The soft tones kind artificial flowers the gray and rose moments the comfortable couches a lovely meeting room big flat screens expensive stackable chairs the best fluorescent lights money and funding can buy.
It's the Alzheimer Chapter's Tuesday Night how to bath your batty mother-father-husband-wife-aunt-sister Workshop - how to bath them without them freaking out, screaming, crying, wailing and punching the shit out of you.
There's a video. I never saw anyone like my mother before but here she is, appearing as a skinny bald man, an old woman who is Christian and Black, a plump, blond woman with a southern accent clutching a dolly. Mom appears in their cries and screams and flying fists and shouted fears of being hurt and cold and about to fall.
I look around. The room is packed with lots who suddenly finds themselves not in the relationship started out in years before. And the faces are fierce and exhausted and the questions loaded and desperate.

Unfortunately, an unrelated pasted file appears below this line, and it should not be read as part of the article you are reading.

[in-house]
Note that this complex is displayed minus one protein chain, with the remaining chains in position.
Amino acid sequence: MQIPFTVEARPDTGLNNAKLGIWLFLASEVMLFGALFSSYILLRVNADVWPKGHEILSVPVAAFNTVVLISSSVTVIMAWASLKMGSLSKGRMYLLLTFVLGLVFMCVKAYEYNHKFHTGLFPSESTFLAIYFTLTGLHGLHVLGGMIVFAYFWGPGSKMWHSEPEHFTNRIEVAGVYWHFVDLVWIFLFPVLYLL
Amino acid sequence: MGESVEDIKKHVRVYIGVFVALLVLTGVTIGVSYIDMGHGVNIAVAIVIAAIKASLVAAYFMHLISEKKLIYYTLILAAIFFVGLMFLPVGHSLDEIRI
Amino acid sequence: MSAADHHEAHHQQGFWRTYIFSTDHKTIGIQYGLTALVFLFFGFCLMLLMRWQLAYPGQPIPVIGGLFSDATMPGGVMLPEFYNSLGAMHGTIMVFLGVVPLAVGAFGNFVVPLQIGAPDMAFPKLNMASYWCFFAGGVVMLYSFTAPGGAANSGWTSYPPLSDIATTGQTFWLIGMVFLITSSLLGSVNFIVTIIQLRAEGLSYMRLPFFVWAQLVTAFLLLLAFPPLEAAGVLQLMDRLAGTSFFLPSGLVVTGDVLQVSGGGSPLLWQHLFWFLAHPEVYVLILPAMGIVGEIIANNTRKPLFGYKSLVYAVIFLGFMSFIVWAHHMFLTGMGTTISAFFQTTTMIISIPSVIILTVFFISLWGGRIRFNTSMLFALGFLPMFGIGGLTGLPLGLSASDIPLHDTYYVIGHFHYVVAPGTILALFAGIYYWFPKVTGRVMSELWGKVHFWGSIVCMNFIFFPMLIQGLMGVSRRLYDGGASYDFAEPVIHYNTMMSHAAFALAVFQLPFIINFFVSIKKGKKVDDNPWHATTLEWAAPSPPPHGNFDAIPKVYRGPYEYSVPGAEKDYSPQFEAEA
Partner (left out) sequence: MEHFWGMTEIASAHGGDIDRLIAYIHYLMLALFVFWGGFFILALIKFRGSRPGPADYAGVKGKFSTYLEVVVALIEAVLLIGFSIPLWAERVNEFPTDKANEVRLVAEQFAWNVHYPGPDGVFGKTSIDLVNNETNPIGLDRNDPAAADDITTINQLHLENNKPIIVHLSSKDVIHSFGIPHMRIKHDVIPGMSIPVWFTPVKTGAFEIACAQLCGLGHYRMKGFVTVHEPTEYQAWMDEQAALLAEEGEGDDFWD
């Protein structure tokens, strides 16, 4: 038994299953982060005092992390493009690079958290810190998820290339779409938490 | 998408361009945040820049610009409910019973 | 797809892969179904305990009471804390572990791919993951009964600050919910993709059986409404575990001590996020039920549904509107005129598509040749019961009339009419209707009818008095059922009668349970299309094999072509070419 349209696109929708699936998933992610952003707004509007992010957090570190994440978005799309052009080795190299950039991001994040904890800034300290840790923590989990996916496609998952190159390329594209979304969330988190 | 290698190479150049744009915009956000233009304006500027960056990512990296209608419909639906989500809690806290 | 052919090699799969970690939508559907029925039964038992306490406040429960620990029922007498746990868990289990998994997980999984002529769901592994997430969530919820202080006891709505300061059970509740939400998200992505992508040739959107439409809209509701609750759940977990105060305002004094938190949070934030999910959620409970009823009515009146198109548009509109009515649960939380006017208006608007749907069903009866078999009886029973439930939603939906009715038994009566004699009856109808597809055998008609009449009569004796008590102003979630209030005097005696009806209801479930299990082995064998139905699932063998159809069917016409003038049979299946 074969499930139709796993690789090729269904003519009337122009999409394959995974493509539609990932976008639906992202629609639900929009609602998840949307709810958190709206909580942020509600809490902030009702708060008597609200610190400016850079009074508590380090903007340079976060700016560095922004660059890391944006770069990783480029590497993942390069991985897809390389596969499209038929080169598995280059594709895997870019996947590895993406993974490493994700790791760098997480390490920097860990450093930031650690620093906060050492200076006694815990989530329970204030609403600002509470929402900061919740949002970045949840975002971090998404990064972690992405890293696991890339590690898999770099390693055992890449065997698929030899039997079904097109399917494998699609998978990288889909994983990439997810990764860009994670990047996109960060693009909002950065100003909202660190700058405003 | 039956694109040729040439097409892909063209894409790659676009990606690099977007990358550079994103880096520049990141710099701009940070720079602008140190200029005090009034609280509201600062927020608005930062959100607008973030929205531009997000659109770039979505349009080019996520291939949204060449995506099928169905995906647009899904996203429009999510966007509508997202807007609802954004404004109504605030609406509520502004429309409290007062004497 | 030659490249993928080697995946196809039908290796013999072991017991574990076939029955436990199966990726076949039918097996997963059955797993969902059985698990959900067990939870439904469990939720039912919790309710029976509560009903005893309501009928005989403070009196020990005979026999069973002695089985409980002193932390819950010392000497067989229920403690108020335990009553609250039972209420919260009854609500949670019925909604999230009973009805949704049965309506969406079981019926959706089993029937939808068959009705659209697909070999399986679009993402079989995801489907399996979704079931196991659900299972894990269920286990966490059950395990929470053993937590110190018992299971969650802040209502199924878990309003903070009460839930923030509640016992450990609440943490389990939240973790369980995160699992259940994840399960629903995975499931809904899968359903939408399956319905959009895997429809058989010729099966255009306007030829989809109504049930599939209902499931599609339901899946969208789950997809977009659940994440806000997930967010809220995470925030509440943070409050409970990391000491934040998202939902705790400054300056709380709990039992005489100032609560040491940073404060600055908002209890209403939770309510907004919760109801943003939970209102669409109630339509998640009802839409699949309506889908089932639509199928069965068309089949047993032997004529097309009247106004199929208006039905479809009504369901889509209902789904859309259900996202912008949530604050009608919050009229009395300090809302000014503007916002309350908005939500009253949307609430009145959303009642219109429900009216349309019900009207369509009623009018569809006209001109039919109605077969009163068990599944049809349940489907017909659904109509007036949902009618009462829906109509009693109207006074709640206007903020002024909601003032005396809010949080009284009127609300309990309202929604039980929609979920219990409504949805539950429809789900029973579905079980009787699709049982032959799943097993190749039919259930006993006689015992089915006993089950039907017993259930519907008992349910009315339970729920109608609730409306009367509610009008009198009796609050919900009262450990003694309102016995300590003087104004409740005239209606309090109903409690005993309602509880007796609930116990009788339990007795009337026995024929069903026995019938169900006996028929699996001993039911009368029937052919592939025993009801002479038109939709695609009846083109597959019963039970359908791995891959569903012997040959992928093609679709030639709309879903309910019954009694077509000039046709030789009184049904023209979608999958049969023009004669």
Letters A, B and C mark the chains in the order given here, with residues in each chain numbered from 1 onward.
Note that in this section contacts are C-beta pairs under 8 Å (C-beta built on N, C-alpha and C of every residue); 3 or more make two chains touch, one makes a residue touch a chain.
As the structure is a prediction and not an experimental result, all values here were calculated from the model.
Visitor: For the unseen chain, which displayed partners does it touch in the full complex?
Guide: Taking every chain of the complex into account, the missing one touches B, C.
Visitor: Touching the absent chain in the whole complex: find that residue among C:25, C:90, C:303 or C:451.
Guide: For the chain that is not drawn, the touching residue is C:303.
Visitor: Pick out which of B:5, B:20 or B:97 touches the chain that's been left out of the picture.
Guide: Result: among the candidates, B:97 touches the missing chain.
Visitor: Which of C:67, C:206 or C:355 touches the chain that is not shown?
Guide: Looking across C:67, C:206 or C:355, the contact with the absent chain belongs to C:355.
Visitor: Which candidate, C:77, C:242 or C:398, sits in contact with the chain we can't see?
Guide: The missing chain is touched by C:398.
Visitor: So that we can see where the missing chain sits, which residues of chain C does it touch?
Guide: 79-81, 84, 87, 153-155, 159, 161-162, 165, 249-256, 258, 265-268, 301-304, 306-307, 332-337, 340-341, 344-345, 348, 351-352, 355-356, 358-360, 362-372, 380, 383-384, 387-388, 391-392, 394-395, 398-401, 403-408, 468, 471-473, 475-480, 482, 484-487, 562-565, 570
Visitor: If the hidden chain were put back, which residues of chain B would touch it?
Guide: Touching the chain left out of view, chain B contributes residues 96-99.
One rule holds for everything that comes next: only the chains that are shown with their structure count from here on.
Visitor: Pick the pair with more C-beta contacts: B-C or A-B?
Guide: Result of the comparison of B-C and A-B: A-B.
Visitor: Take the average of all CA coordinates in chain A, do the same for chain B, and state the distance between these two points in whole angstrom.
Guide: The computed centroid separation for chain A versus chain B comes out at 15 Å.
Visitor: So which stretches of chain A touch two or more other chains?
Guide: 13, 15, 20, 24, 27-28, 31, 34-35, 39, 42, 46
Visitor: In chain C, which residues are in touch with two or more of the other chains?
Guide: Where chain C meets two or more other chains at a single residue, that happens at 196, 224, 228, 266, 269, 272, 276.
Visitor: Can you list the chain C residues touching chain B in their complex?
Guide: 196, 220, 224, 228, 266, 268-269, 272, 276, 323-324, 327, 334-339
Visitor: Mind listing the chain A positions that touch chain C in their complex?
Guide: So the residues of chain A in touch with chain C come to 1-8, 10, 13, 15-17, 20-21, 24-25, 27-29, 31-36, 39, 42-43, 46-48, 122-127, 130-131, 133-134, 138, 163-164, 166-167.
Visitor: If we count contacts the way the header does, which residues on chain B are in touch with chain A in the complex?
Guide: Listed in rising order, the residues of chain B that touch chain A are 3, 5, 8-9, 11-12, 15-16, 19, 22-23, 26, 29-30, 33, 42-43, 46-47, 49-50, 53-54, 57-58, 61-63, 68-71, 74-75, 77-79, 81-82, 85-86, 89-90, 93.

She took him on an expensive cruise he wouldn't shave should she try to shave him?
Why did she stop playing the piano?
He lies about bathing but won't let anyone in the bathroom with him.
We are all clutching the remnants of someone. Clutching their finger tips as they slip out of our grasp and begin a plummet into insanity that only comes when something inside the head starts eating the brain for breakfast, lunch and dinner.
"Lower your standards," the facilitator tells us. I start to cry.
Mom, once crisp in her chic pants she got for $2 at Coney, a bit of flare around her neck, a jaunty man's jacket that made Hepburn look dull, now in diapers and cheap $10 sweatpants pilling after only one wash.
After tonight there will be no more baths. The baby wipes will do just fine.